Archaeologists to shed new light on Marivan plain

June 29, 2021 - 18:34

TEHRAN – A team of Iranian archaeologists has commenced a follow-up survey on the ancient Marivan plain, which is situated in Kordestan province, western Iran.

“Supervised by [Iranian archaeologists] Nemat Hariri and Mohammad Masoumian, the survey is aimed to gain a clear understanding of various historical periods across Marivan,” CHTN quoted Marivan’s tourism chief as saying on Monday.

“This study is conducted to find answers to questions about the role of the natural passage of the Marivan plain in the transfer of [early] human groups and their culture into the Iranian plateau.”

Systematic field-walking in the summer of 2018 resulted in the recording of 60 archaeological sites dating from the Neolithic to the Late Islamic periods. Of these, 37 sites were newly discovered by the Marivan Plain Archaeological Project (MPAP); the remaining 23 sites examined by the MPAP have previously been identified by researchers from Iran’ Bu-Ali Sina University, according to Cambridge University Press.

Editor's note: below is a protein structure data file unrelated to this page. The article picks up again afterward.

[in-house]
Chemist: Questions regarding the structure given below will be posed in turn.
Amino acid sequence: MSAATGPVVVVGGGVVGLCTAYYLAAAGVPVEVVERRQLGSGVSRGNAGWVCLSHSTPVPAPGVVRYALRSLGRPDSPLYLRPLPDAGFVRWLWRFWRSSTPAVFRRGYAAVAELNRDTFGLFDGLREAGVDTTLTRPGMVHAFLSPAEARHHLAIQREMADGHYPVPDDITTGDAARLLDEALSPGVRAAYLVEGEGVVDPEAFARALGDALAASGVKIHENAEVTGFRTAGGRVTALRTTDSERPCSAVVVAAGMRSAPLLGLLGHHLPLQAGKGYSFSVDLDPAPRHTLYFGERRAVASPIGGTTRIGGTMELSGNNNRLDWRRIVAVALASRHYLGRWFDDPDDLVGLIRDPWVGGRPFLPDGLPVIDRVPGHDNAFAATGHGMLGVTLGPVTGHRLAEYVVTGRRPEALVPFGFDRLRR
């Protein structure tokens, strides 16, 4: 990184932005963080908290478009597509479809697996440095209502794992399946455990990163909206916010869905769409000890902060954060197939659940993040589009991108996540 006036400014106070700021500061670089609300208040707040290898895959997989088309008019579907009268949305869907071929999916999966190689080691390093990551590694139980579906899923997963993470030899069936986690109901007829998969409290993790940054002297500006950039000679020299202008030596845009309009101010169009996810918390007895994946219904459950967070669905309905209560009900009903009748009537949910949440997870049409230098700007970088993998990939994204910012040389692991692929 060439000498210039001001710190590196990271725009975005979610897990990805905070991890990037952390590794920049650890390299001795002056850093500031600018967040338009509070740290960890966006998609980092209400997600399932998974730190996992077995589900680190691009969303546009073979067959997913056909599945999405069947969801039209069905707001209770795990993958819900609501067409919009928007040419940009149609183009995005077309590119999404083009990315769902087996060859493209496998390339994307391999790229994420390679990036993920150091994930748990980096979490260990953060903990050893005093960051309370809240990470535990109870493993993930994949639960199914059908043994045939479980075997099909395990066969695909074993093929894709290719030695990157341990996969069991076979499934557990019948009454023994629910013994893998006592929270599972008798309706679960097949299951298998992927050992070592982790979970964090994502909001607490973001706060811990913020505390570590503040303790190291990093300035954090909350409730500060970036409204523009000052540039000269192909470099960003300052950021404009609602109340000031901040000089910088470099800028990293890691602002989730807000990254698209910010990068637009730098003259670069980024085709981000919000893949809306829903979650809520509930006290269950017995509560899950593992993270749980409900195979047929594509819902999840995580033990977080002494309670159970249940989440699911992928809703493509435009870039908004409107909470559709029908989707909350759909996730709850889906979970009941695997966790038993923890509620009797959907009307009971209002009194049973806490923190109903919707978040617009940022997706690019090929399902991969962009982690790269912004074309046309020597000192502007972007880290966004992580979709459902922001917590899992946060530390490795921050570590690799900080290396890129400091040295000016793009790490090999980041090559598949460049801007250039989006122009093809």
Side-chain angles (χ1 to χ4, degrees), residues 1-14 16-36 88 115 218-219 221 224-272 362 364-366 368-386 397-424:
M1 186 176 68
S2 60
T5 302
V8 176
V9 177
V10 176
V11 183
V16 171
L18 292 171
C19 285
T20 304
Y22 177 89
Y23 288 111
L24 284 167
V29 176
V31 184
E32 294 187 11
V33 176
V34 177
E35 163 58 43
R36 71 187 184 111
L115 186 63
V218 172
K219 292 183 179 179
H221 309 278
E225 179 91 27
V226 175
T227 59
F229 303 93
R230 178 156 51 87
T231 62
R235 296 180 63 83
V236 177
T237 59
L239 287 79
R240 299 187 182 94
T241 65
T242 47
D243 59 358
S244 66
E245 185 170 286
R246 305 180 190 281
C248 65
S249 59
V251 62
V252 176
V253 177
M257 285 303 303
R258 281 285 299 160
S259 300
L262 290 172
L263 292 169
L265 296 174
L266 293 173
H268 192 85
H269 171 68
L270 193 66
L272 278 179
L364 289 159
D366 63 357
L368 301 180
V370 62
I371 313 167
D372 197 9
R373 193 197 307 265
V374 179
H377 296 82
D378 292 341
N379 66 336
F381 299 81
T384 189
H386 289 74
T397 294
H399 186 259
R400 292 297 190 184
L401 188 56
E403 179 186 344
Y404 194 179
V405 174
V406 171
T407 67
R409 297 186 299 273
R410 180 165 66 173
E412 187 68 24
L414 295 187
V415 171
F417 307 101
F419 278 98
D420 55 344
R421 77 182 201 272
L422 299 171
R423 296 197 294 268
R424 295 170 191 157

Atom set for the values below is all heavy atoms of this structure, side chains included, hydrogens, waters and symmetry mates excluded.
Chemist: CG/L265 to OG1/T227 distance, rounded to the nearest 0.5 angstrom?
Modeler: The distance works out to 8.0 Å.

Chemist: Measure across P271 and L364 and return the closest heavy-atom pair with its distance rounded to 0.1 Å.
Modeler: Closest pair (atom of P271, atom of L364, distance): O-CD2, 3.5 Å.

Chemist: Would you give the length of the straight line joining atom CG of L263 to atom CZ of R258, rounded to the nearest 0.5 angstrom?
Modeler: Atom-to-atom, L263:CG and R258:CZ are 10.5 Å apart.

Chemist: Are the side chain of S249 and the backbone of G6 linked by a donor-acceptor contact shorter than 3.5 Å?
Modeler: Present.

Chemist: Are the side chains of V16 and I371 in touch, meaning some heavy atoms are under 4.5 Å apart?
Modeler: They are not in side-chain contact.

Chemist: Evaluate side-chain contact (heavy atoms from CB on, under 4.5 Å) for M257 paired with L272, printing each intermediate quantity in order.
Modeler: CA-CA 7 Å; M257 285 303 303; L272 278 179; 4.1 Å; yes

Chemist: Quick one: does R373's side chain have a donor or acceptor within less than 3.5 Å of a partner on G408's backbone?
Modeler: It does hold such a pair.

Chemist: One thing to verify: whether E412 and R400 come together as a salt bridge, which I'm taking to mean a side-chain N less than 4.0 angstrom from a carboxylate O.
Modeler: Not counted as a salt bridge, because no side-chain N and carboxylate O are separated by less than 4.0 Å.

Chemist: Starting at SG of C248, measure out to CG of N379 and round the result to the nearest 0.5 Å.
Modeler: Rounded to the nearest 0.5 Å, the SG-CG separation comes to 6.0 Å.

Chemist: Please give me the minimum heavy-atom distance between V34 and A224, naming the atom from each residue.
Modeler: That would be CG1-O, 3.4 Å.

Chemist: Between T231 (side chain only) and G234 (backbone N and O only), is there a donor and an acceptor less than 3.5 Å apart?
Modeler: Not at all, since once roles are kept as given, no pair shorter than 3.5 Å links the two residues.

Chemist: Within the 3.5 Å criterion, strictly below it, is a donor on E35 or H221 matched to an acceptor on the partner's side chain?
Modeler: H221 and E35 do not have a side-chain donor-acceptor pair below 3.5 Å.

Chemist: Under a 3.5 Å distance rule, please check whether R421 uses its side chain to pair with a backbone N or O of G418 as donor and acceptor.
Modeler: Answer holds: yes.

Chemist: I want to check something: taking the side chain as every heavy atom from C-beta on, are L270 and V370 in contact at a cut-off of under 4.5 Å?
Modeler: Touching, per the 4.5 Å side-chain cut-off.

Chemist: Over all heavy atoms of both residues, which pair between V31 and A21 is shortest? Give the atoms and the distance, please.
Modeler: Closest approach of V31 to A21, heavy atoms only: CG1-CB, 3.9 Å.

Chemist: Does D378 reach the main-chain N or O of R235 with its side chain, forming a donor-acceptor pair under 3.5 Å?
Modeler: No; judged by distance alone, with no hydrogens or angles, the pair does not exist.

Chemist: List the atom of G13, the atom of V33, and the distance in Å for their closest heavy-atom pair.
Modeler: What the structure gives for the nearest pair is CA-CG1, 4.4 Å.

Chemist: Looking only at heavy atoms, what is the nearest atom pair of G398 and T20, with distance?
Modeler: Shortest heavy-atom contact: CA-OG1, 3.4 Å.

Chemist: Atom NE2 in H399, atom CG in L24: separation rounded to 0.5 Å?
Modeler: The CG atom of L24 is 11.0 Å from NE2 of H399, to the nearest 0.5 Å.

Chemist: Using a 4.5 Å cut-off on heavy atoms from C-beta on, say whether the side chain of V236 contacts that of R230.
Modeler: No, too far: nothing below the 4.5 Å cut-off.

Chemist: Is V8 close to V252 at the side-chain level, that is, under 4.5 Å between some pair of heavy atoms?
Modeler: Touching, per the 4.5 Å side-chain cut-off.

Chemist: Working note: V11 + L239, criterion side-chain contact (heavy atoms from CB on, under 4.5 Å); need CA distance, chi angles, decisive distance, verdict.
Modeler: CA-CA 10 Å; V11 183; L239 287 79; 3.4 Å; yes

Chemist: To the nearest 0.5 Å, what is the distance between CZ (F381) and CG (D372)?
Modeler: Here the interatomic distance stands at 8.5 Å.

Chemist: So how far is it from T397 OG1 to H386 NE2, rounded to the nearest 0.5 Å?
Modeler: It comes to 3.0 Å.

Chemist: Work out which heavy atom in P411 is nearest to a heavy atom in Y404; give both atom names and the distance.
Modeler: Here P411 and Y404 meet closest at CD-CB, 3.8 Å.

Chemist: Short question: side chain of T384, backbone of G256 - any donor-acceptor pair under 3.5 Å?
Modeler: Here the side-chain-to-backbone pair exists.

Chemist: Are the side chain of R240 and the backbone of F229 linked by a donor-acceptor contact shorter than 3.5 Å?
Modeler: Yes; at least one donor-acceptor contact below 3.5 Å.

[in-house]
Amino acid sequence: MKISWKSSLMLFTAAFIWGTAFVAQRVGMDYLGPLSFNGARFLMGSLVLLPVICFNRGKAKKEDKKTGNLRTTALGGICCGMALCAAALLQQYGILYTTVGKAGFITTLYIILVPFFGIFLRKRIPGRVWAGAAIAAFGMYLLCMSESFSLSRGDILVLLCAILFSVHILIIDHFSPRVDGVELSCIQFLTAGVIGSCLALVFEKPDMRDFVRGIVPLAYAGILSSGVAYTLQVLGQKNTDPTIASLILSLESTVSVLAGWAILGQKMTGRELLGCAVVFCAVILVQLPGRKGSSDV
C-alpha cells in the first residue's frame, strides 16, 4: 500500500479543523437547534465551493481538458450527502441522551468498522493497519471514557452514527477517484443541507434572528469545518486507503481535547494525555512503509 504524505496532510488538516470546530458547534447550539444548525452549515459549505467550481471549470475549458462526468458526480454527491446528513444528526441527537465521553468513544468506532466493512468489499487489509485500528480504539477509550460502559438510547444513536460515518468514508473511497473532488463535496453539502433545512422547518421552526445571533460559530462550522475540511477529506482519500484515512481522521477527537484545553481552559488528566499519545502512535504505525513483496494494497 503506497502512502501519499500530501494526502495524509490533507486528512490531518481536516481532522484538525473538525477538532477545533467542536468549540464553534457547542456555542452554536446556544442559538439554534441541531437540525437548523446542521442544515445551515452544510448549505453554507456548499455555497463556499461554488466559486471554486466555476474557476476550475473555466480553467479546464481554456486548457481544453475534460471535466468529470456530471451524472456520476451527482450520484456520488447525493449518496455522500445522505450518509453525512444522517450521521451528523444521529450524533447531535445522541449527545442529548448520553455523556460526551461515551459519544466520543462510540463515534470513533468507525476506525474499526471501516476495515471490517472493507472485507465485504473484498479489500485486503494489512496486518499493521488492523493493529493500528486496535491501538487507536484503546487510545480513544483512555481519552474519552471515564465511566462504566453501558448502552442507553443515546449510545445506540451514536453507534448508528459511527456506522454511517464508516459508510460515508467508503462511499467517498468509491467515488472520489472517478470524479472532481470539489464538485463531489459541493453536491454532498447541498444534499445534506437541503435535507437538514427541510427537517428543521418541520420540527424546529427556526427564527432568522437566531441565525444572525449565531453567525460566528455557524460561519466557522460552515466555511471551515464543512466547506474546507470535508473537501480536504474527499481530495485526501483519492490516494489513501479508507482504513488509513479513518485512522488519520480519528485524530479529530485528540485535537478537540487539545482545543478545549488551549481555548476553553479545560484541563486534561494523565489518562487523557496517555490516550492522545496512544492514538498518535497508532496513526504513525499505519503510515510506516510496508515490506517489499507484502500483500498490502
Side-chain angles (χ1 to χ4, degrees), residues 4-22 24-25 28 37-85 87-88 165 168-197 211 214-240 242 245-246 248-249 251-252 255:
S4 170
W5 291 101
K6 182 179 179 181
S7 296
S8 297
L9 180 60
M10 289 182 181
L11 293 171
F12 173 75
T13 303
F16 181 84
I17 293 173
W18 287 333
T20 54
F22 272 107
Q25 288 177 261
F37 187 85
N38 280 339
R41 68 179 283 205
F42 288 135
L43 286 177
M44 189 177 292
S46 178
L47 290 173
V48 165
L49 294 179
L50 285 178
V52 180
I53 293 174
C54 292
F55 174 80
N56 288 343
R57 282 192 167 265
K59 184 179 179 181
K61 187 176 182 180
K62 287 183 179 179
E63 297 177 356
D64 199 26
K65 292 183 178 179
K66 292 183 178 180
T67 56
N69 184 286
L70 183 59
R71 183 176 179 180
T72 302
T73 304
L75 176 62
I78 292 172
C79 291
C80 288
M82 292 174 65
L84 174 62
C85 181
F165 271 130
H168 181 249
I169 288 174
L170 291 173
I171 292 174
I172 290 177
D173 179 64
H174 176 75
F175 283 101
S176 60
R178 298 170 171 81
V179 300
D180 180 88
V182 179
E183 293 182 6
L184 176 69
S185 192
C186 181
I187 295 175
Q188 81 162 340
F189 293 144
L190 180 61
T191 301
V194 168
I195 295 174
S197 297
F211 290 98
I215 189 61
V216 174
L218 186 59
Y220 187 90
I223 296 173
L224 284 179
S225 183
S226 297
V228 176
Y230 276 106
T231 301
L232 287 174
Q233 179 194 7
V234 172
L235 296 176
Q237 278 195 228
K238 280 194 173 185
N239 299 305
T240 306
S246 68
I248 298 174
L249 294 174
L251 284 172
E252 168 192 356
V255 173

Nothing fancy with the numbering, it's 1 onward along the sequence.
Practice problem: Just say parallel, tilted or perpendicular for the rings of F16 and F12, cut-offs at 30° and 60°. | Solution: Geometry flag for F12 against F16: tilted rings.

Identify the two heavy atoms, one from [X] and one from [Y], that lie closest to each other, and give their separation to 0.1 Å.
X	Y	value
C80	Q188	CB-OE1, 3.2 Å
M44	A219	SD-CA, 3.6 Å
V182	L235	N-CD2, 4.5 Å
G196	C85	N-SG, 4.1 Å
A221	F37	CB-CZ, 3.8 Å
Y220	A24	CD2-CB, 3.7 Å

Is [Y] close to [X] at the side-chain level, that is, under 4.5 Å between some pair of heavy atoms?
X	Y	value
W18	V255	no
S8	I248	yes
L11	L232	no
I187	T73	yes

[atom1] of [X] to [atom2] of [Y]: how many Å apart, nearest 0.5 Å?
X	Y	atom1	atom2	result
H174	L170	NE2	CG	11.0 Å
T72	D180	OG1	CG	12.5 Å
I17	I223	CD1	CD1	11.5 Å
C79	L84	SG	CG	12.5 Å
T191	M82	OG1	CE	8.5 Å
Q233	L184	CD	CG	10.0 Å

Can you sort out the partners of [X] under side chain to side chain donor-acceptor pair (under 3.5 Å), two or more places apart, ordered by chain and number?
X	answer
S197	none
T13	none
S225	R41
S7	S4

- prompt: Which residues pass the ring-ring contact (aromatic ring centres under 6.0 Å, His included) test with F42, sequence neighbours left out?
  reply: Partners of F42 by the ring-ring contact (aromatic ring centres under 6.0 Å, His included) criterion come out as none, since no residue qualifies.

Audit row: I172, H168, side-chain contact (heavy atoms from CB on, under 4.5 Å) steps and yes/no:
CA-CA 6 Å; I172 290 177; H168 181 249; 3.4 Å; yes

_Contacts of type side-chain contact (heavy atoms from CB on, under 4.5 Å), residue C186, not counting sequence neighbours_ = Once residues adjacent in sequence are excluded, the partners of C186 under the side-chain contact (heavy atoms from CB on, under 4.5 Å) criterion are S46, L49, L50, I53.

Preliminary evidence shows occupation fluctuating over time with peak settlement numbers identified for the Chalcolithic, Iron Age, Parthian, and Islamic periods. A range of diagnostic surface finds shows the complexity of archaeological material from the Marivan Plain.

Experts believe that cultural interaction in the Marivan region had a varied impact on local groups. The Zagros Mountains may have acted as a physical barrier to direct interaction curtailing or rerouting exchange, possibly via south-western Iran or the Rania plain in Iraq.